Southern Baptists of Texas Convention Focus on Evangelism, Racial Reconciliation, Sexual Misconduct, and Mental Health at Annual Meeting

Messengers to the 2019 Southern Baptist of Texas Convention Annual Meeting in Odessa, Texas, Oct. 28-29, elected as new officers, from left, president Kie Bowman of Austin, vice president Tony Mathews of Garland, and secretary Frances Garcia of Odessa. Southern Baptist TEXAN photo

The Southern Baptists of Texas Convention (SBTC) emphasized the urgency of evangelism and passed resolutions on racial reconciliation, sexual misconduct and mental health at its annual meeting Oct. 28-29 at First Baptist Church of Odessa, Texas.

The Southern Baptist Convention’s evangelism outreach “Who’s Your One?” was the theme for the group’s 22 annual meeting, which featured Southwestern Baptist Theological Seminary President Adam Greenway and International Mission Board President Paul Chitwood as guest preachers.

Messengers approved a $28.9 million budget for 2020, continuing the SBTC’s practice of sending 55 percent of undesignated receipts to the national Cooperative Program while retaining 45 percent for Texas Cooperative Program ministries. The 55 percent reflects the largest percentage of Cooperative Program giving of any state convention, SBTC said.

After a welcome from Executive Director Jim Richards, SBTC President Juan Sanchez, pastor of Austin’s High Pointe Baptist Church, gaveled the convention to order Monday evening.

Richards welcomed groups from El Paso and Midland-Odessa, announcing a time of prayer for pastors and staffs from those cities in the aftermath of August’s mass shootings.

“Texas has experienced some of the most tragic consequences of human depravity,” Richards said, praising the response of local pastors to their communities and outlining ways the SBTC has assisted.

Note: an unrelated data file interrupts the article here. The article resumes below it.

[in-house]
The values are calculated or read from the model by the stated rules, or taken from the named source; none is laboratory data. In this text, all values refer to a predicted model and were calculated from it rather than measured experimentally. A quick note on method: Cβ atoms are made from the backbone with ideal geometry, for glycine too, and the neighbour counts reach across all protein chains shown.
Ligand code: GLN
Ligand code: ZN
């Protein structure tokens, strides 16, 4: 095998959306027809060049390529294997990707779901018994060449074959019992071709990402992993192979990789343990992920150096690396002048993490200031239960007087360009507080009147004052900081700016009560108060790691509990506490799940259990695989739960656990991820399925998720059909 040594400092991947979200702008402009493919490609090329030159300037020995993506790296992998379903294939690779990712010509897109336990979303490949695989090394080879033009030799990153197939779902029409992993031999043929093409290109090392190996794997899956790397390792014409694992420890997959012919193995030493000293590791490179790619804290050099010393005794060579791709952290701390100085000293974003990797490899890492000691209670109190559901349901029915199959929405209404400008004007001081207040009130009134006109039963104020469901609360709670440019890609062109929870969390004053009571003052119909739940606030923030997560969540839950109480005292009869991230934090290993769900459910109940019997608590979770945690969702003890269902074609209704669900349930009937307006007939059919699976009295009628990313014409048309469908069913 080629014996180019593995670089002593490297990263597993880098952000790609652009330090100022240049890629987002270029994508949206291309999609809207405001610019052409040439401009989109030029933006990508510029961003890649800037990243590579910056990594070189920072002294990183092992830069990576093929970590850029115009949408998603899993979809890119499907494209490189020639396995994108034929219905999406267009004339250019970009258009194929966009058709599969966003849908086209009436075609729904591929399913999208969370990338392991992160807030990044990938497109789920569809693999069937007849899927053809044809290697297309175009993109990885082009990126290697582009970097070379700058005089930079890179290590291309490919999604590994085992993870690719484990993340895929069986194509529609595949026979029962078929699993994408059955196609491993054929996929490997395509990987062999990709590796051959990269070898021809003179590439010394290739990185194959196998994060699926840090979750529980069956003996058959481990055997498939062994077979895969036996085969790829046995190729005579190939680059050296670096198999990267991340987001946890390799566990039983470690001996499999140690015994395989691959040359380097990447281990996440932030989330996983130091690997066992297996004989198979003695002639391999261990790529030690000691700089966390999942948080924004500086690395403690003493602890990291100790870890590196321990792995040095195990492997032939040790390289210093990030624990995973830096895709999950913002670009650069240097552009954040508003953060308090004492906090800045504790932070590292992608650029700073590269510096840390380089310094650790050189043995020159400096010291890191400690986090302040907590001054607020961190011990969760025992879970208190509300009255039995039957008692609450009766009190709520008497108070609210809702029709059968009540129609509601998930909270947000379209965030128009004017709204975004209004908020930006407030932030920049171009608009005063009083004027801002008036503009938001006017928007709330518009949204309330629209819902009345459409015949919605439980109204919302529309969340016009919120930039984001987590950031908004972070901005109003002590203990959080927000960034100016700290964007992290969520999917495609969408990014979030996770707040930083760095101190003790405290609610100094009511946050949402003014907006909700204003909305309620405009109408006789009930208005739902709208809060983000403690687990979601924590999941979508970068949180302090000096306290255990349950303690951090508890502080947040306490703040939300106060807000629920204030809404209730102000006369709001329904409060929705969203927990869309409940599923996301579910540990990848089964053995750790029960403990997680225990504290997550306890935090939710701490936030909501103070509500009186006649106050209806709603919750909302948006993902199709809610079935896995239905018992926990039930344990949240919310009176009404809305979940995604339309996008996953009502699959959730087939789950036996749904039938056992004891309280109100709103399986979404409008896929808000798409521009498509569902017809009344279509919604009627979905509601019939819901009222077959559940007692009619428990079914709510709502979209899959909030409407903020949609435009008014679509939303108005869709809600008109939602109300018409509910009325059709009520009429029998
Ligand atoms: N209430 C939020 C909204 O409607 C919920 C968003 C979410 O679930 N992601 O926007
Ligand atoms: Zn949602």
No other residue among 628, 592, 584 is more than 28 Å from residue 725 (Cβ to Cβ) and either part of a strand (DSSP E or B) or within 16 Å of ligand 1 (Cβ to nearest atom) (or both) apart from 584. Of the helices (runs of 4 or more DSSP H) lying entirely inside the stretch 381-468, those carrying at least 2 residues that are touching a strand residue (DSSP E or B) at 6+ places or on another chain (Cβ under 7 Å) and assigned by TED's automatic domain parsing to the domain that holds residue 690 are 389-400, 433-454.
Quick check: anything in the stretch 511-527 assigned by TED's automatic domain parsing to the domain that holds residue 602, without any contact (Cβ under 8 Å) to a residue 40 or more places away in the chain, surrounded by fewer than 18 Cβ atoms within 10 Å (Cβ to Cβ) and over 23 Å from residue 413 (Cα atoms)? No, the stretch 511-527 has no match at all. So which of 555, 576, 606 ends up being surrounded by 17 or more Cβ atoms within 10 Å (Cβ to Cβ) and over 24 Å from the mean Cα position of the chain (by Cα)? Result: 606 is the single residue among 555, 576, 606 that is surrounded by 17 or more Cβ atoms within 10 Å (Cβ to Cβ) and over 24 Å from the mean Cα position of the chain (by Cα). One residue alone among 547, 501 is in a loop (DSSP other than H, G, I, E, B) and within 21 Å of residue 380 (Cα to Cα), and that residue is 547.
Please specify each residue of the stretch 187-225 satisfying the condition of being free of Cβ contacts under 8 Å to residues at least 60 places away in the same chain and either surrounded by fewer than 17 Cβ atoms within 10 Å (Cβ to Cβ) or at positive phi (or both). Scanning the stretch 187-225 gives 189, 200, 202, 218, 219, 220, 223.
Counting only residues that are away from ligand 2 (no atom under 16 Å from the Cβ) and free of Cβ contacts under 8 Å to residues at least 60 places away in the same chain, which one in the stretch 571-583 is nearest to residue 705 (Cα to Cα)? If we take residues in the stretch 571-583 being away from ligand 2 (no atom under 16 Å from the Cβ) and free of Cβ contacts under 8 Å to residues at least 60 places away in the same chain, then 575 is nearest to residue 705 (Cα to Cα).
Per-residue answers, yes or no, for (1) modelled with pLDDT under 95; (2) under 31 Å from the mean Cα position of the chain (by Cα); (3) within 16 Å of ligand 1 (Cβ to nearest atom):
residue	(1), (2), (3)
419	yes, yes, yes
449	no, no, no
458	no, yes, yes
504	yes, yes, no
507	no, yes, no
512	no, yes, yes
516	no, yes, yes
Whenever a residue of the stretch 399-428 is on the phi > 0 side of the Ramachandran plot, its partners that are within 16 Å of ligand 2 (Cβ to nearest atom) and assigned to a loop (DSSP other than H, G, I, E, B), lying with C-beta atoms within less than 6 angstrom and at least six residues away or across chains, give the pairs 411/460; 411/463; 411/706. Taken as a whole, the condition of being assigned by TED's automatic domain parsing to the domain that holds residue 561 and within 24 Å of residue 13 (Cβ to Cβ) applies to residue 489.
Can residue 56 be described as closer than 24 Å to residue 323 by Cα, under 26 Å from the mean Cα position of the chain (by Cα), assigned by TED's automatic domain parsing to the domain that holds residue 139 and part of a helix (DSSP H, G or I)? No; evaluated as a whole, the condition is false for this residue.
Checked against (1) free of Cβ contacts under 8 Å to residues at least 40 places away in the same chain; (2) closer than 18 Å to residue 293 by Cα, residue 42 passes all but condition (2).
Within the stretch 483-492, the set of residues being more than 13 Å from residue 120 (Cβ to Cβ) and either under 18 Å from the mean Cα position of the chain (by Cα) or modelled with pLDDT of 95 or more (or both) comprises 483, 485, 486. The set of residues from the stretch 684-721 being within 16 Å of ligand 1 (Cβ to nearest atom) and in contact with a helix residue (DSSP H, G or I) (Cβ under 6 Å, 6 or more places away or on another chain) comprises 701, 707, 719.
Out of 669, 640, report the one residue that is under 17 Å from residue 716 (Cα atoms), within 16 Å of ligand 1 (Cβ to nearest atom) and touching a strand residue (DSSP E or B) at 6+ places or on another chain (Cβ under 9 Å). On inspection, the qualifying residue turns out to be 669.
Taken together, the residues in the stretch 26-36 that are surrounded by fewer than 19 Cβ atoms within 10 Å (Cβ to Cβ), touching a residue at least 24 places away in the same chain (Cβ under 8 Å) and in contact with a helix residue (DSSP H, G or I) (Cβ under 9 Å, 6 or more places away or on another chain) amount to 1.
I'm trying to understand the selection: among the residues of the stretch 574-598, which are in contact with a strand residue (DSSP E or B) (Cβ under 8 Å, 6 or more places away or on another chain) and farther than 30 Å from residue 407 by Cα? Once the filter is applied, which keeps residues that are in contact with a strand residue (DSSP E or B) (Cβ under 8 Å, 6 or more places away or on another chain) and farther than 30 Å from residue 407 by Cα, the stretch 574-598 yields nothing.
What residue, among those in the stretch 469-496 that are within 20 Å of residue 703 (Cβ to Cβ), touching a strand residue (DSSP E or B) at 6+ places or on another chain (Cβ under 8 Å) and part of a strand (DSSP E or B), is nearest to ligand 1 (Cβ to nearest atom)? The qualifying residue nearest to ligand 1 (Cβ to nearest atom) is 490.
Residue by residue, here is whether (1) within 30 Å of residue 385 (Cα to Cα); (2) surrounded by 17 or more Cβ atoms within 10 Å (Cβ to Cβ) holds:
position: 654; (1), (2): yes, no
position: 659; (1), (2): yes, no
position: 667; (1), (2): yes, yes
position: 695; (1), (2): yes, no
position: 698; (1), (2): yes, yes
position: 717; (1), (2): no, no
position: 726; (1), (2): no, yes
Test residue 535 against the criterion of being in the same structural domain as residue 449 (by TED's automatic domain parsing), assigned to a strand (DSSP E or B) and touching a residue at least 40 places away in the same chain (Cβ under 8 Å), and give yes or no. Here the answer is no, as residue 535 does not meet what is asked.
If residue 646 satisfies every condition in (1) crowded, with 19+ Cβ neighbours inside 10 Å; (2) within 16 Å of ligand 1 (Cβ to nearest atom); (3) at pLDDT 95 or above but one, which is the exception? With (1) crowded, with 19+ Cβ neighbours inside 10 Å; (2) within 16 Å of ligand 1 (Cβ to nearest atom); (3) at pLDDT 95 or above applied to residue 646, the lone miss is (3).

Applause erupted as the El Paso contingent stood. Messengers surrounded them while Sanchez prayed in Spanish and English that the Lord would bless, protect and “use them in the midst of tragedy in this historic moment” to advance the Gospel. Reminding attendees that messengers voted three years ago to hold the 2019 meeting in Odessa, Richards thanked pastors and staffs from that area for their “consistent witness and testimony,” inviting them to stand, surrounded by attendees, as Sanchez again prayed.

Who’s Your One?

Chitwood called upon attendees to focus on the “one” that God would have them evangelize, recalling a visit by two Baptist deacons to his modest childhood home in the eastern Tennessee mountains where his single father raised him and his two brothers.

“I had no clue how kind the Lord was being to us, how our lives for eternity would over time forever change because of the faithful witness of two Baptist brothers, out looking for their ‘one,’ knocking on doors, inviting people to church,” Chitwood said, introducing his text, Revelation 22.

Greenway preached on Luke 5 and linked cooperation and evangelism, noting that the four friends who carried the paralyzed man on a stretcher to see Jesus did so together. He called the text an “example of those who found their ‘one.'”

Sanchez preached from 2 Corinthians 4:1-6, recalling lessons from his own time in the U.S. Navy, when the goal was to “accomplish the mission.”

Believers have a “clear mission” of going into the nations and making disciples, Sanchez said, a “clear strategy” of preaching Christ, and a “clear mission field” that is the unbelieving world hostile to God.

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SOURCE: Baptist Press